True Self-Care: The Search for Sisterhood

by | May 1, 2022 | May/June 22, Mental Health | 2 comments

True Self-Care: The Search for Sisterhood

By Michelli Ramon

I wanted to give you a brilliant piece about self-care, something you’d never heard before. But as I researched, I realized, “They’ve literally heard it all before.” The luxury spas, the exotic oils, stretch labs, cryo chambers, serums, and crystals. You can lean in, you can dare greatly, and you can read books (soooo many books) on the ins, outs, how’s and why’s of caring for the Self. It seemed there was nothing new or evocative I could offer you.

Twelve hours before the article was due, I laid in my bed, defeated. I took a deep breath, placed my hand on my heart, and suddenly, like magic, I remembered there is something I can give you – not a new self-care idea, but the original self-care idea. Weighed down by hashtags and algorithms, I forgot that true self-care resides in places we already know: In our bodies, in nature, and in sisterhood.

In Our Bodies

Inhale, exhale, relax your jaw and release your shoulders. This is self-care. We are comprised of trillions of cells. These cells work together to become tissue that becomes organs that become systems. All of your body’s systems have one purpose: Your well-being. There is no greater self-care regiment than the one you created.

In Nature

Take off your shoes, stand in the grass, let the sun bathe you. This is self-care. In addition to the world inside you, there is also a world around you that is committed to your care. Every woman intuitively knows that the purest love comes from Mother Nature. We like to imagine ourselves as very complex, but the truth is we are no more complicated than a tall blade of grass.

In Sisterhood

Think of your truest friend, the one you call when life is eating you alive. She is self-care. Self-care wasn’t invented by Instagram; it has radical feminist roots and has always belonged to women. The term was popularized by activists in the 1960s. As they worked to revolutionize civil rights, they learned that in order to change the world, women had to take care of themselves and, inherently, one another. Their battle cry was sisterhood: When she wins, I win.

What About Spas, Oils, Serums, and Crystals?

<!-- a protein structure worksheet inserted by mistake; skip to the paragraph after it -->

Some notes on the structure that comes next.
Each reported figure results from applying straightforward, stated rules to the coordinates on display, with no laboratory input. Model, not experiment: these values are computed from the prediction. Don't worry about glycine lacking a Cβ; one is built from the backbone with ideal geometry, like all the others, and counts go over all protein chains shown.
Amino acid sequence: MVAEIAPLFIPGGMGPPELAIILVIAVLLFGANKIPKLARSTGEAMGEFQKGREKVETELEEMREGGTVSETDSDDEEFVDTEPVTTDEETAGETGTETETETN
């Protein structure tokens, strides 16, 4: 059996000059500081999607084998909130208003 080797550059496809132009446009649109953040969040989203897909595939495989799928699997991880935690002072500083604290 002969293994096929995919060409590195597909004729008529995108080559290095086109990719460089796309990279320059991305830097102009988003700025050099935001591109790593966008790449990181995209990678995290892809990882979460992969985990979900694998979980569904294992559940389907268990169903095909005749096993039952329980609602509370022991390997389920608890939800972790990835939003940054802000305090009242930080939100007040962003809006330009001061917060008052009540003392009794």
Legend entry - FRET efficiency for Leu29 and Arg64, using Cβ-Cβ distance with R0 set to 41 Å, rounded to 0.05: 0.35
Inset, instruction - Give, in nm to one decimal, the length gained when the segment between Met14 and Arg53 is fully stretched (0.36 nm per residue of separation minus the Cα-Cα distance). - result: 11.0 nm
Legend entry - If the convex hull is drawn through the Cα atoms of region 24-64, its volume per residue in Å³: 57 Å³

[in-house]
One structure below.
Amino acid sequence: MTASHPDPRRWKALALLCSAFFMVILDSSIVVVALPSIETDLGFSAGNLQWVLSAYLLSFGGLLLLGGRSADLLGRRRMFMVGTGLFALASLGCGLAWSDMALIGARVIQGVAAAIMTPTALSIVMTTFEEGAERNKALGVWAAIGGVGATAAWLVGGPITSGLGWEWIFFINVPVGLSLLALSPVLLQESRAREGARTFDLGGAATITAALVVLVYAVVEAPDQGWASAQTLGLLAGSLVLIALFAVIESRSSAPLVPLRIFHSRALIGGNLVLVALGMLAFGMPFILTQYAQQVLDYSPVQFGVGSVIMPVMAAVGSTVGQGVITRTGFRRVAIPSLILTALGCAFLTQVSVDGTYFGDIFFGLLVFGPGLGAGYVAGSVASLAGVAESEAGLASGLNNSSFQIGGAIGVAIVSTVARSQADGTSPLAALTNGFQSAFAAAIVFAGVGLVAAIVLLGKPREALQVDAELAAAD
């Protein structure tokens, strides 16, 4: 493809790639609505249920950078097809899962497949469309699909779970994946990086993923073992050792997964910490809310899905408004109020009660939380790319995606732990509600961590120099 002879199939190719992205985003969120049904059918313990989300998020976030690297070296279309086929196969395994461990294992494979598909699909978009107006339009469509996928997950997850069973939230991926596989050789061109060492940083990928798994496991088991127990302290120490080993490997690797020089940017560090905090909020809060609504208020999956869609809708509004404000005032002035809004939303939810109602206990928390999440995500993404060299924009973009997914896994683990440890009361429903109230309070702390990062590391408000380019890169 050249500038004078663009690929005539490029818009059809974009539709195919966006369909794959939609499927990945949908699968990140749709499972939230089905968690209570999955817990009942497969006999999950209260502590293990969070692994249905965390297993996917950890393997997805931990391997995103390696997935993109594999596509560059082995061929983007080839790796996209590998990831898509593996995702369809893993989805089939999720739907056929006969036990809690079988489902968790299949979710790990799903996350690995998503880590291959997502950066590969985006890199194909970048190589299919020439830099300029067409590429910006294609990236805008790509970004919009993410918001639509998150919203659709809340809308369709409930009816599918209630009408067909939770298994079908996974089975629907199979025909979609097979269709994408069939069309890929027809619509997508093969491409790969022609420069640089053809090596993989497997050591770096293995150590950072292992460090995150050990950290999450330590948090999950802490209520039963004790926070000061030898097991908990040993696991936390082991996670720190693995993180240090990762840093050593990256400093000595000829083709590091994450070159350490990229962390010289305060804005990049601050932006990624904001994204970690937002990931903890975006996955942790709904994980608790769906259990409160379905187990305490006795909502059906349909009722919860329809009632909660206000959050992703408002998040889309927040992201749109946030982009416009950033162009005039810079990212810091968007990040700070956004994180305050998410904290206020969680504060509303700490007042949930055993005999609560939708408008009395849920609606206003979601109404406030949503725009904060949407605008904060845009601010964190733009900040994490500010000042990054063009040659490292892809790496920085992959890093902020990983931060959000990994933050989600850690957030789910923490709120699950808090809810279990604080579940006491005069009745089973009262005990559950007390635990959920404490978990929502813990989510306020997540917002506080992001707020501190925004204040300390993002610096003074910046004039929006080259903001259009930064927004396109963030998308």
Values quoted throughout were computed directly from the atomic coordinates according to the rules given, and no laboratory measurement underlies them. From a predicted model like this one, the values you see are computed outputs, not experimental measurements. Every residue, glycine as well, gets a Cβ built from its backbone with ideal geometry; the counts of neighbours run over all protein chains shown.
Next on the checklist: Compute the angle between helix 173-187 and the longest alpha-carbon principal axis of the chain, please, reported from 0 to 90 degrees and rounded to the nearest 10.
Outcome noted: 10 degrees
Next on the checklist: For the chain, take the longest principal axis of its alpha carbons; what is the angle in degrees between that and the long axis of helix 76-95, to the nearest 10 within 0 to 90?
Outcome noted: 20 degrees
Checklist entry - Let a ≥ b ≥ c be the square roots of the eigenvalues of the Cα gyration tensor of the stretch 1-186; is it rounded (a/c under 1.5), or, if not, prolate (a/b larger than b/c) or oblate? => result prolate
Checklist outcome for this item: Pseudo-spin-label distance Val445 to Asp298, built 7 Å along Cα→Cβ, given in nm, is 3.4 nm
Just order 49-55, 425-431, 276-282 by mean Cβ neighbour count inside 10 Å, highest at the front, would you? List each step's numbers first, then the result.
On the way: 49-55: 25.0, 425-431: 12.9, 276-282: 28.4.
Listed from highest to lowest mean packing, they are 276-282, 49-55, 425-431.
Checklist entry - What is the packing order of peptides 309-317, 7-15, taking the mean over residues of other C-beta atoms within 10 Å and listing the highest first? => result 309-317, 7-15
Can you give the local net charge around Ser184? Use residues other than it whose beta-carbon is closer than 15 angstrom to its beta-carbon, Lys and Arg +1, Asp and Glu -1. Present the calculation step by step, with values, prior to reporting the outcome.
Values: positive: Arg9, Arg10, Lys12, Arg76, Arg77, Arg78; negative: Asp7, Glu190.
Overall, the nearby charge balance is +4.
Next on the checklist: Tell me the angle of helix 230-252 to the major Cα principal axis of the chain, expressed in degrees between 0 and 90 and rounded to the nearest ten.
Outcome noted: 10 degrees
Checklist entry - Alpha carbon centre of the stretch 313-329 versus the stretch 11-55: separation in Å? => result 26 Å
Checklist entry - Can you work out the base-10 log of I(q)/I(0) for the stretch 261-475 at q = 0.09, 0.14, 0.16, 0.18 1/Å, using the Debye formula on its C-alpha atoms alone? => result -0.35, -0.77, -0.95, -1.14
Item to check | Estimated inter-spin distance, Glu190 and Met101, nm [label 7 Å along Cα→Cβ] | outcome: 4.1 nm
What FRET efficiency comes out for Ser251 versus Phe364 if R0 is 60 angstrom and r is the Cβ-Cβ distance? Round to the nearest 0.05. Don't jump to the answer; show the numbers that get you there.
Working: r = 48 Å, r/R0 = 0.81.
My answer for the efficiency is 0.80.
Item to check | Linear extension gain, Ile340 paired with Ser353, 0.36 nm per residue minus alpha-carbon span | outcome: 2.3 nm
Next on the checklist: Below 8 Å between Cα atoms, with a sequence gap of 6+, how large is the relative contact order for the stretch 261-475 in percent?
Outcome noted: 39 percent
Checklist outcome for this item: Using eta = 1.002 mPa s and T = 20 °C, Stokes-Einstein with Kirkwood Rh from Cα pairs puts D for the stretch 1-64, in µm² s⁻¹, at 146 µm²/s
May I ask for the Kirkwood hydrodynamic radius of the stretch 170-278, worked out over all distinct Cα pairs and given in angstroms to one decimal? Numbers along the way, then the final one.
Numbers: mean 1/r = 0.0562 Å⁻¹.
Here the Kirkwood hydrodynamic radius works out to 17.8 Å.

I read an article estimating U.S. women spent $10 billion on self-care last year, mostly on beauty and fitness. At first glance, this reads superficial. It sounds like all women want is to look better, but I see more than that. Full disclosure, I’ve spent a lot of money on beauty and fitness. I’m a big fan of facials, but I’m an even bigger fan of Melissa Stoltz, my aesthetician. She’s an angel, and when I’m with her, I feel connected. Same with Sarah who does my nails, Mayra who colors my hair, and Sissy, who would work out with me if a miracle occurred and I decided to work out again. I think that $10 billion was really a bid for connection. The spas, oils, serums and crystals – all attempts at restoring our relationship with the body, the Earth and the sisterhood.

My Wish For You

Women have never been more awake than we are right now. We are revolutionaries. Two hundred years ago, we’d be burned at the stake for the work we’re doing. We are orchestrating a bold, new future while simultaneously healing centuries of generational trauma. If ever there was a time to take care, it’s now. Everything you do for yourself, you do for me. Your self-care practice is an act of solidarity with other women, and it is as close as your next breath.

Take care, Sister
Relax your jaw.
Drop your shoulders.
Buy some flowers.
Make a playlist.
Make an old family recipe.
Splurge on fancy bedding.
Hang twinkle lights about your house.
See Melissa Stoltz about a facial.
Read a magazine about women.
Say “yes” to help.
Say “no” to fake smiling.
Eat a cupcake.
Wear lipstick.
Add extra cheese.
Inhale, exhale.

Michelli Ramon is a clinical social worker and nationally recognized educator on mental health. Her work has been featured on a variety of media platforms, including A&E’s Emmy Award-winning program, “Intervention.” To learn more, visit


  1. Michelli Ramon, you make me want to walk around barefoot, order take out and have a slumber party! You have a unique way of seriously, not taking things too seriously. I love how you nurture women and how you beautify every perceived flaw that they can throw at themselves. You are part of my self-care and I am thankful.

  2. Loved


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